Art Building creates own ‘night life’ for creative majors

Abigail MeredithAssistant Arts Editor

Even in the evening, when classes are over and professors have gone home, the art building hums with intention.

Students occupy the rooms, working toward their own creative goals as well as  class projects. The printers, computers and pottery wheels never shut down. There’s a coffee machine and a mini fridge.

The Art building is a haven for artists who want to get things done; its nightlife is evidence of that.

Sarah Gilstad, a senior art major, discussed the unique feel of the Art Building at night.

“It’s just different when professors aren’t around. Classes are going on in the day so then it’s a little more focused, while at night it’s more laid back and you’re not so pressed for time.”

Angel O’Brien, a graphic design major and a student worker in the art computer lab, said she also enjoys the building in the evening.

“If I’m here not during my work hours I’m here to work on something, and that’s usually how it is for everybody,” she said. “If they’re in the ceramics room, they’re here to work on ceramics–same with fibers and screen printing or graphic design. I see it as a time set out to do my homework because otherwise I wouldn’t get it done until 2 a.m.”

The attitude of these students working late at night is focused and intentional. These art students are responsible for managing their own time and solving their own problems—and relying on each other.

“Pretty much, if you bring something you’re going to share it, whether it’s food or material,” Gilstad said. “Like borrowing someone’s spray mount [a kind of spray glue used for art projects]; you help people out here,” she said.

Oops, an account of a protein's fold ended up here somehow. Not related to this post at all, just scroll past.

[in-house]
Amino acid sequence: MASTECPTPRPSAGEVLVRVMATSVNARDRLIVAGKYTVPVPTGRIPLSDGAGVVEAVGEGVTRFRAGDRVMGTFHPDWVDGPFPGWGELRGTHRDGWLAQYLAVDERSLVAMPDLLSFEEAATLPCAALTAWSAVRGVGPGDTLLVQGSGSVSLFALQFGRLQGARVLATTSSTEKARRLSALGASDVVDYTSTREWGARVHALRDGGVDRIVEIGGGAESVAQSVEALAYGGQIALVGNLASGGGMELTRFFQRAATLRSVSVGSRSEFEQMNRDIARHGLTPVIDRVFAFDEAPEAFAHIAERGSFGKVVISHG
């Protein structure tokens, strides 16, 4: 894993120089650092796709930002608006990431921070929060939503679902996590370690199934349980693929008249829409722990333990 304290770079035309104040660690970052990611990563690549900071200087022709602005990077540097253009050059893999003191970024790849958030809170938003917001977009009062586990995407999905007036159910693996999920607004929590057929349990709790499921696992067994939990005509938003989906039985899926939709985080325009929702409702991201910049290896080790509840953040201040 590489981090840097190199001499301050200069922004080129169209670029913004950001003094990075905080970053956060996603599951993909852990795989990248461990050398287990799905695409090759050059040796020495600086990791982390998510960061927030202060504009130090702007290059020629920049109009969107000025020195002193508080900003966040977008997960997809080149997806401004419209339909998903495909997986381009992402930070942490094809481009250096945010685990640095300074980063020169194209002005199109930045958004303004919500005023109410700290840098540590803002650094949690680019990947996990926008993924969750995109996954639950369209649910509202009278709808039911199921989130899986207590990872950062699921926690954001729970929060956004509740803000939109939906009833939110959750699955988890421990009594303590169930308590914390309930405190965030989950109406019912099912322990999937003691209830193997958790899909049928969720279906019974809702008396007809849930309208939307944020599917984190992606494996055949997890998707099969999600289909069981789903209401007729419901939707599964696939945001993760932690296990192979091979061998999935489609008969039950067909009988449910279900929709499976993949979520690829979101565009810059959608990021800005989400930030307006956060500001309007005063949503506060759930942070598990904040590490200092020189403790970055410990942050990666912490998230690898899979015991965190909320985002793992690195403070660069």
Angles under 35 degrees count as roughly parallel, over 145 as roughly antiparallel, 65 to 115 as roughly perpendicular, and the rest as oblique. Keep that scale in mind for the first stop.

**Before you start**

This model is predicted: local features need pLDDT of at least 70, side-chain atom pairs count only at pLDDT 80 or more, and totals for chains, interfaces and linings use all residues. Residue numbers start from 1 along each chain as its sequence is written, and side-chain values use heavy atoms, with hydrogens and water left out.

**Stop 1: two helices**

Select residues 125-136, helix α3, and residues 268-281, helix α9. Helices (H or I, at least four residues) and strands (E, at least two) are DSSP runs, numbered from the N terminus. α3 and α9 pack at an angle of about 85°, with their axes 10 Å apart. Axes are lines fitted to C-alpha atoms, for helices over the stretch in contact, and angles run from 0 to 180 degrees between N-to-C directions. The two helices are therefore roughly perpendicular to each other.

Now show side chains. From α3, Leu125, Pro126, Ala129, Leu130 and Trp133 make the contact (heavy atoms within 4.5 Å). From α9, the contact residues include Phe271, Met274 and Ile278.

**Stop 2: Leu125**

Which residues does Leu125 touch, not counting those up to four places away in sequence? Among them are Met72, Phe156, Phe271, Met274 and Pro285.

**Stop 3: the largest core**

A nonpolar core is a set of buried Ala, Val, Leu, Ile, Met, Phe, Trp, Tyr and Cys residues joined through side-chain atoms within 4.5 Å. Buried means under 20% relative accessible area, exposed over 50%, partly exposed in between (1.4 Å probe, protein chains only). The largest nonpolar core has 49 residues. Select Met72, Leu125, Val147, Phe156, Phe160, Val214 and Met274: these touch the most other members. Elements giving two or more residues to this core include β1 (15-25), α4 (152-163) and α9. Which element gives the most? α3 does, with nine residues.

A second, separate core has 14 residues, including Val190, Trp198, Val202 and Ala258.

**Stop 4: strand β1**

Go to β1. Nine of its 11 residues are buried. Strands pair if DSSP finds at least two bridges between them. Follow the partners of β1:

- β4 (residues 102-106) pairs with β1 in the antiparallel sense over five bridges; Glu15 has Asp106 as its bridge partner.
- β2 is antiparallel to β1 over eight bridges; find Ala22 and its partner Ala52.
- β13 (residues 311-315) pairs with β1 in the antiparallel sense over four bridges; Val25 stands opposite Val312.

“I think we art students require a lot more materials than other students. That said, everyone’s been in that situation where they forgot to bring something or don’t have something, and so they know what it’s like and are willing to help,” Gilstad said.

This comradery binds the students together, but it does not interfere with the independent creativity of the night workers.

Gilstad discussed her interactions with the other students working at night, as well as her typical routine.

“I usually come in, make a cup of coffee, sit down and start working on whatever I’m doing. If I know people, I’ll end up talking to the other students. Sometimes, I’ll play music. I’ve usually got Netflix playing or something just to listen to,” she said.

Some evenings are spent fulfilling responsibilities as a student worker.

“I [work] six hours a week,” O’Brien said. “I clean the monitors and keyboards and help anyone who needs to use the computers. For me I usually get here at 7 p.m., call security, wait about ten minutes, come in to the computer room, eat my dinner and either work on my own homework or help other people with their homework. Then at 10 I close the computer room door and leave. I probably go to the Art building two to three times a week.”

O’Brien said that the reason why nights are different in this building than in others can be attributed to students.

“In the art building you only have art majors and art majors are a little bit different,” O’Brien said.

“Art students think about things a little differently. We don’t write papers. We do projects, so it’s a bit different.”

Gilstad said creativity plays a large role in this ‘night life.’

“I feel like the art building is one of the only buildings that lets its students stay here this late.,” she said. “So if other people are having late nights it’s in a lobby somewhere or a study room—not the building they take classes in,” she said. It’s different because a lot of classes have like a set amount of problems with set answers while at the Art Building they’re like ‘Oh that looks cool. You should do this’ and it’s more creative and explorative.”

O’Brien said that art students are aware of their unique situation, and act with intention because of it.

“If we abuse the privilege, we’ll get it taken away,” she said.

Because of this appreciation, this building is special, she said, allowing its students to pursue both personal and required projects in an intentional way, no matter the hour.

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